Rodrigo Santos, an engineer, permit expediter and the former president of the San Francisco Building Inspection Commission, today pleaded guilty to a total of 17 federal counts, each carrying a statutory maximum sentence between five and 30 years.
The charges include 10 counts of bank fraud, one count of honest services wire fraud, one count of falsifying records in a federal investigation initiated by the Federal Bureau of Investigations, and five counts of tax evasion involving more than $1.6 million in unreported income.
Santos, 64, who was originally charged in a federal complaint on May 11, 2020, was promoted by former Mayor Gavin Newsom to chair of the Department of Building Inspection’s oversight commission in 2004. He is the co-founder of San Francisco-based company Santos and Urrutia Structural Engineers. He was also appointed to the City College commission in 2012 by then-Mayor Ed Lee.
The 10 counts of bank fraud involve the theft of some $775,000 from Santos’ own clients. From 2012 through 2019, Santos solicited checks from his clients, convincing them that the money would be used to pay for their building projects, but instead deposited them into his personal bank account. According to his plea agreement, he did this by altering the “pay to the order of” section of the checks, or by signing the back of the checks on behalf of the payee. Memorably, in at least one instance, he altered a check reading “DBI” to read “RoDBIgo Santos.”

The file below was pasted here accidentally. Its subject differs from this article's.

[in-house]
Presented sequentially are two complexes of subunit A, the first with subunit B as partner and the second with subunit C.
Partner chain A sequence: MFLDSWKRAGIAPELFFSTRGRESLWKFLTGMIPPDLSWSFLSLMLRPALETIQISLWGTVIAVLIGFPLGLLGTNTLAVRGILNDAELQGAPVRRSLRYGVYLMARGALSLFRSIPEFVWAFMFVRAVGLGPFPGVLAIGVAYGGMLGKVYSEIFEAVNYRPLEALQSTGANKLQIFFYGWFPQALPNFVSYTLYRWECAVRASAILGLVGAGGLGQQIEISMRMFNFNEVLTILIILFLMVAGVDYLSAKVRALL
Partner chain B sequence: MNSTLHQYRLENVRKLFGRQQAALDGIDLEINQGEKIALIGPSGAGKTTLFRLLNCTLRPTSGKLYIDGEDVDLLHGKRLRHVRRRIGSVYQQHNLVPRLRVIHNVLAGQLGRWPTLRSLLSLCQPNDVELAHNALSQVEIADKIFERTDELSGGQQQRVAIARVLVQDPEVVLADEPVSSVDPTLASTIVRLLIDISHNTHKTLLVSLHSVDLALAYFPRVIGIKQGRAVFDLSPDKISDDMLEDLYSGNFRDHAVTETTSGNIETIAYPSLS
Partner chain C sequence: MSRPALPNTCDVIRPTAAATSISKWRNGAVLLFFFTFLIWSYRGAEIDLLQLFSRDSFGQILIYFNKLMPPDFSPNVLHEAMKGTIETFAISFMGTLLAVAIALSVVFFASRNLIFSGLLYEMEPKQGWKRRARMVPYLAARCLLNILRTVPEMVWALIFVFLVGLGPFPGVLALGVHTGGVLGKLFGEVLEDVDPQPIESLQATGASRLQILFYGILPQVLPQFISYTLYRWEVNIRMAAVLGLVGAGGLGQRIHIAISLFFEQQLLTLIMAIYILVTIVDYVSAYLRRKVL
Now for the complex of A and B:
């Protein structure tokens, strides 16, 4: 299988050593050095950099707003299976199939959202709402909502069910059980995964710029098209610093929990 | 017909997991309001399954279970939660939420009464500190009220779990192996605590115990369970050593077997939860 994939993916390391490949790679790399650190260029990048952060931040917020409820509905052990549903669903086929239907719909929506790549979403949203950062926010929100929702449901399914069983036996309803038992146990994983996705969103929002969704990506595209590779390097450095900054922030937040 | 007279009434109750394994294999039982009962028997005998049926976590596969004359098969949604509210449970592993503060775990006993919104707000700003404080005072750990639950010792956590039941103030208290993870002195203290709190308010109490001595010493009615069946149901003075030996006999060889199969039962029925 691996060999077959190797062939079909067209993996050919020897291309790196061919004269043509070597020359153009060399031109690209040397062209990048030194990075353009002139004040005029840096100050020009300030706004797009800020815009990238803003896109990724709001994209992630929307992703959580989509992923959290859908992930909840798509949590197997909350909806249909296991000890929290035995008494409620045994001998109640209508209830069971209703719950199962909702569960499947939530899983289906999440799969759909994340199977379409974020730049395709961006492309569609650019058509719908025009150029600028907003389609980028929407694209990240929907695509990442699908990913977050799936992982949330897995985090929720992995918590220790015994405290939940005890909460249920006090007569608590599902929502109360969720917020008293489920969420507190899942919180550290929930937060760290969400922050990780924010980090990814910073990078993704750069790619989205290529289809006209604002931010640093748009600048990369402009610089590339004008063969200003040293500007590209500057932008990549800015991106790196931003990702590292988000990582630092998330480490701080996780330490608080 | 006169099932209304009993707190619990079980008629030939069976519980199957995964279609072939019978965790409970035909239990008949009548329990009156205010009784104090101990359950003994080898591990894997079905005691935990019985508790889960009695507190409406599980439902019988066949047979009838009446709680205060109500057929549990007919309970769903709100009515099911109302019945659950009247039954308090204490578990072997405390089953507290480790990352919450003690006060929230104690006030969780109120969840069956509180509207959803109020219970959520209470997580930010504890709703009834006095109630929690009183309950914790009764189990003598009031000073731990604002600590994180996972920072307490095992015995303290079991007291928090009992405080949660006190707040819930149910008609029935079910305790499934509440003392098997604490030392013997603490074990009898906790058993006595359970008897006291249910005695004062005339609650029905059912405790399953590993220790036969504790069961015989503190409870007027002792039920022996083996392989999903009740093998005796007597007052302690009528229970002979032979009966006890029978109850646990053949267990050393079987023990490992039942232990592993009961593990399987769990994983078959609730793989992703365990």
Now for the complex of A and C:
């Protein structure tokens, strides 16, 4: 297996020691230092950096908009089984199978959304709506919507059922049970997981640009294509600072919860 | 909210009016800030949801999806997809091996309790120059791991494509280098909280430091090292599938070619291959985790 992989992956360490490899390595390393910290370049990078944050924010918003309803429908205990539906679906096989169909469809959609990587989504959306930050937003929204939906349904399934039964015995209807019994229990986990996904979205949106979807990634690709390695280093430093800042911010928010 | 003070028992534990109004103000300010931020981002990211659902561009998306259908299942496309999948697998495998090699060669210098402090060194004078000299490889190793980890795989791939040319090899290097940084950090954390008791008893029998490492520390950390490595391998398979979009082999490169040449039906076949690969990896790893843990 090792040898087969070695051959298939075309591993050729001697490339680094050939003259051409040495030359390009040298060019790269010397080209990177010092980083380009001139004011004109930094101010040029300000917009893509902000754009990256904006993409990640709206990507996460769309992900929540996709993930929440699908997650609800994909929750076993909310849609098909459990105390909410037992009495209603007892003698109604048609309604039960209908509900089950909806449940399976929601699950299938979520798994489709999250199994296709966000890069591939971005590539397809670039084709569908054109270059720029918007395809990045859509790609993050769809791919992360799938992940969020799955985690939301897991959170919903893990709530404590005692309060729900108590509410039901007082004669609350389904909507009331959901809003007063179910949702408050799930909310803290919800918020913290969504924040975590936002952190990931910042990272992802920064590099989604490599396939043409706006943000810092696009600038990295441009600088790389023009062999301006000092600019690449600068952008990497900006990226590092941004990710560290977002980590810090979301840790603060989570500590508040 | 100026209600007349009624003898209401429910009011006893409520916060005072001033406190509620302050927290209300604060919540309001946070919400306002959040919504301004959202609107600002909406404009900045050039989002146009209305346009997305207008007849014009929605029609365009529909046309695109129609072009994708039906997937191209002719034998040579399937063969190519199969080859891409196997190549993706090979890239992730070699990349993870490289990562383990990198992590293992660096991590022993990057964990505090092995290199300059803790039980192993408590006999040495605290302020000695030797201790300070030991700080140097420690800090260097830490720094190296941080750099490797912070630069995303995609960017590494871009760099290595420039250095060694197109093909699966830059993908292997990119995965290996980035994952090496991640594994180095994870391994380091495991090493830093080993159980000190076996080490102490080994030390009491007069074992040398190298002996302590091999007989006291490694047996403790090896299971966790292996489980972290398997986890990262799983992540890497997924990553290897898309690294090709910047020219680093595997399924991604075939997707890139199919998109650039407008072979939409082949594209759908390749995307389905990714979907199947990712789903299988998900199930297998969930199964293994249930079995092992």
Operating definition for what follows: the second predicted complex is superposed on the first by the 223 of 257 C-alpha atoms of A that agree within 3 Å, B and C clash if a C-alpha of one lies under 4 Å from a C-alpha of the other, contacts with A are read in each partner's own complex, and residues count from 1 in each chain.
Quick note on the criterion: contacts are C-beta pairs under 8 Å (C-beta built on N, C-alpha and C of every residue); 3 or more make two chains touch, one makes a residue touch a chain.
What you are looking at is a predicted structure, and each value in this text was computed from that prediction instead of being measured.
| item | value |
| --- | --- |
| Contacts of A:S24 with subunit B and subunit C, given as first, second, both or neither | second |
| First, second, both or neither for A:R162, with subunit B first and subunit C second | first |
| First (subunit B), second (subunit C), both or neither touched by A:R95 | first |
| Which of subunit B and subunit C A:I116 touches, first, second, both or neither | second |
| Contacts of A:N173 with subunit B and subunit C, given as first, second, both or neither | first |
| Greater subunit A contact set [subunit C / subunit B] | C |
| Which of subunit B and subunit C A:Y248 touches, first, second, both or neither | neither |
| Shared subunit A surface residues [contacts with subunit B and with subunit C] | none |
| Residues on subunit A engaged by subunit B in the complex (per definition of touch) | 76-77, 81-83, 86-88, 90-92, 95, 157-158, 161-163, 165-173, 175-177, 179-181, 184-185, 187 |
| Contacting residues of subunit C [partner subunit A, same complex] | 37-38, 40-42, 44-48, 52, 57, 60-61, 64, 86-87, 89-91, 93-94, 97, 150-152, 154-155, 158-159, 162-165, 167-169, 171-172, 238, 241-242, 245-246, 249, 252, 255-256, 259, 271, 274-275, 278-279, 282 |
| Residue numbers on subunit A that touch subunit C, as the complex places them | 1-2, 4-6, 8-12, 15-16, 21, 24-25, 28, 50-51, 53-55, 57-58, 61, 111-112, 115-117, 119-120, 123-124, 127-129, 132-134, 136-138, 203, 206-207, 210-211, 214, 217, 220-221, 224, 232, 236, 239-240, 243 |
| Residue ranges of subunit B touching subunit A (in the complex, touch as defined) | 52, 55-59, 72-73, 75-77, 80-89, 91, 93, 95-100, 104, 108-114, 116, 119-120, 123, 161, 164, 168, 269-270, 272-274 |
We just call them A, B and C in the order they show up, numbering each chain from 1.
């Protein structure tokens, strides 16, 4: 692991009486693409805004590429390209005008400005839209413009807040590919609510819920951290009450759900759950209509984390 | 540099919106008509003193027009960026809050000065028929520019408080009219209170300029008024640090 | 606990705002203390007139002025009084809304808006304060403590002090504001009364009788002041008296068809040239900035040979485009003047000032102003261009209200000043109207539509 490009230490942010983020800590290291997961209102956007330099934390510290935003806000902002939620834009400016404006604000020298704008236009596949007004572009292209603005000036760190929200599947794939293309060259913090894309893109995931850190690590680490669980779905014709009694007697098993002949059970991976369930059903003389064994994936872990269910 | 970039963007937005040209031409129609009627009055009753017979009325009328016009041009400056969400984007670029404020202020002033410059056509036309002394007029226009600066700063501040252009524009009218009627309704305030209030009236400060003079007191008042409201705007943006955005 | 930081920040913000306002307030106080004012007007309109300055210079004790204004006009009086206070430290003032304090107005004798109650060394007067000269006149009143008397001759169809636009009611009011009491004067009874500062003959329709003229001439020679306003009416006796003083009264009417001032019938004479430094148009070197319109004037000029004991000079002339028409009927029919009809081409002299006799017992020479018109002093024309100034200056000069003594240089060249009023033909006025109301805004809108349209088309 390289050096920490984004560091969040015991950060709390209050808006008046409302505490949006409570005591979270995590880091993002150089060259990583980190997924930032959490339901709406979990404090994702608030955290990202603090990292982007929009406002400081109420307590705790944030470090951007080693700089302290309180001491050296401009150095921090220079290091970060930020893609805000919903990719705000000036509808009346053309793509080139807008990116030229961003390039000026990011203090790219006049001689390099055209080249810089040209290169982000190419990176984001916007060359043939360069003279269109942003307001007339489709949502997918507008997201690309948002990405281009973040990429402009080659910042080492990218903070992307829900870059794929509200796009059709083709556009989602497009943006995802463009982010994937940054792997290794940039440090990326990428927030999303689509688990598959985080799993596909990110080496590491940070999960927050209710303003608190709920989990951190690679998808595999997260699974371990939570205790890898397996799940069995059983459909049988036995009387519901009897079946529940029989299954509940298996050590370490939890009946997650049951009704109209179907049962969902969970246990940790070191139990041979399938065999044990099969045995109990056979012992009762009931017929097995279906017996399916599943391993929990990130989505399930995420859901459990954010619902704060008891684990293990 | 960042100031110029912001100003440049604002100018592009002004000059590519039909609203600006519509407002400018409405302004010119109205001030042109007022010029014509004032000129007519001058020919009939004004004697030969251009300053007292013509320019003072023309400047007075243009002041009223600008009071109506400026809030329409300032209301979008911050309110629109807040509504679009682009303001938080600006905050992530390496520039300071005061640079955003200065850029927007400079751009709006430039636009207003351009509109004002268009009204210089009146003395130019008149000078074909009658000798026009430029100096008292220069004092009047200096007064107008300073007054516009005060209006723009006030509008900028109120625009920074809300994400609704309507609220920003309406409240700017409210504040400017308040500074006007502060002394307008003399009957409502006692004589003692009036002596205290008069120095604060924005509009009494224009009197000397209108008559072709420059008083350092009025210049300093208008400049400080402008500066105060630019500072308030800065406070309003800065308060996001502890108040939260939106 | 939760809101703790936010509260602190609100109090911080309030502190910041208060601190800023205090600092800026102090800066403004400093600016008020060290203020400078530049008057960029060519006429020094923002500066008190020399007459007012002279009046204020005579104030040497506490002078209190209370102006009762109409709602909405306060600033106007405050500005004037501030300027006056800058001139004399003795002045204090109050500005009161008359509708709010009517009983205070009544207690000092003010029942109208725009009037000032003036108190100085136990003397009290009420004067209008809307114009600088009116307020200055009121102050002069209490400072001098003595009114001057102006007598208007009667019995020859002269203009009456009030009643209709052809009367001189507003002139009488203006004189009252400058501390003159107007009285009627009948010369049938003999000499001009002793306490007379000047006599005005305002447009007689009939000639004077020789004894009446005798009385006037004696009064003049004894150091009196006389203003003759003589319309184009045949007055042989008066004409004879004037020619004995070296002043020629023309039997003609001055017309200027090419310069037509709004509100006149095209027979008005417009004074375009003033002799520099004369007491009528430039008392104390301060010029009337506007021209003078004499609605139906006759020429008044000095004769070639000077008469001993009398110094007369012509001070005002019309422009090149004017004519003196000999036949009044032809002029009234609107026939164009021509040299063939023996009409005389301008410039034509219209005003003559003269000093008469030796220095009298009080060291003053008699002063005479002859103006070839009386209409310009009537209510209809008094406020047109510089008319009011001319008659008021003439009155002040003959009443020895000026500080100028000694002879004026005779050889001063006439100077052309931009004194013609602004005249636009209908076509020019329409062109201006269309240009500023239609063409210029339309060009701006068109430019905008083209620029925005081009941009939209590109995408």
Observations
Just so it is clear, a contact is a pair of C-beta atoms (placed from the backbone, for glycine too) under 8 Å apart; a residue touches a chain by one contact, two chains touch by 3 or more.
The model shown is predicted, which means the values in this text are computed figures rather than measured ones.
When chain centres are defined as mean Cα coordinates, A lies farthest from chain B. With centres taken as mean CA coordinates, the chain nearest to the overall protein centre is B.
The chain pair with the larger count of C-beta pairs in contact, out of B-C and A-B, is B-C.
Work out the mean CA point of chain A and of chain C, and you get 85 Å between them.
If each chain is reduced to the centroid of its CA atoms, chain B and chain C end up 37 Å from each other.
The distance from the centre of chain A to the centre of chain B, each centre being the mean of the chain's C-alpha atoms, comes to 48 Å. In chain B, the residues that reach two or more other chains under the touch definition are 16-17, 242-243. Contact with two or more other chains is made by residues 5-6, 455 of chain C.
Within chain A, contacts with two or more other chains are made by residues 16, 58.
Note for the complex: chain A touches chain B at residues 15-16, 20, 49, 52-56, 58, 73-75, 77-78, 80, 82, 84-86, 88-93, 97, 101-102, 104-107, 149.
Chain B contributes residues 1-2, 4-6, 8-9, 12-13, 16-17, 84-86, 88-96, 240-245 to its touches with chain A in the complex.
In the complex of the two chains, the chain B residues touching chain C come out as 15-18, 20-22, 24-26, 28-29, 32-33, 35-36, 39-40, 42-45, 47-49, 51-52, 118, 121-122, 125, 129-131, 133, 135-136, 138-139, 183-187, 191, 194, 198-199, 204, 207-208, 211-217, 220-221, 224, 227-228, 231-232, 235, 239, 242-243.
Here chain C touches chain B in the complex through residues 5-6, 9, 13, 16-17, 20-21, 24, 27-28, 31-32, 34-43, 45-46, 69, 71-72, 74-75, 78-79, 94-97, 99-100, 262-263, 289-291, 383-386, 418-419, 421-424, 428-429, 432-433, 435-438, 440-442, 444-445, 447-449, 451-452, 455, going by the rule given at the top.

Santos admitted that, from 2012 through 2019, he obtained more than $800,000 of his clients’ money by depositing around 445 client checks into his personal account. In addition, from 2012 through 2018, he caused his company more than $718,000 in losses by depositing around 378 checks written as “pay to the order” of his engineering firm into personal account.
The honest services wire fraud covers Santos influencing Bernie Curran, a senior building inspector at the Department of Building Inspection. Santos arranged for his clients to make charitable donations to a local non-profit athletic organization that Curran favored. From 2017 to 2020, 13 of Santos’ clients donated a total of $9,600 to the organization. In response, they all received official action from Curran as a senior building inspector. In some cases, Curran approved faulty or nonexistent work.
In Santos’ plea agreement, he also admitted that he sent falsified invoices to the FBI for the purpose of obstructing its investigation.
The tax evasion involves more than $1.6 million that Santos deposited into his personal account from 2012 through 2019. He intentionally omitted the money on his tax returns, resulting in a tax avoidance of more than $564,000.
Santos agreed to pay more than $1 million in restitution as part of his guilty plea.
U.S. District Court Judge Susan Illston scheduled a sentencing hearing for Santos on June 23. He will remain out of custody until then.
The prosecution is the result of a joint investigation by the FBI and IRS. The case is being prosecuted by the Special Prosecutions Section of the U.S. Attorney’s Office for the Northern District of California.
The case is a part of a larger federal investigation into corruption in San Francisco. So far, 12 people have been charged, including former San Francisco Public Works director Mohammed Nuru, who was sentenced to seven years in prison.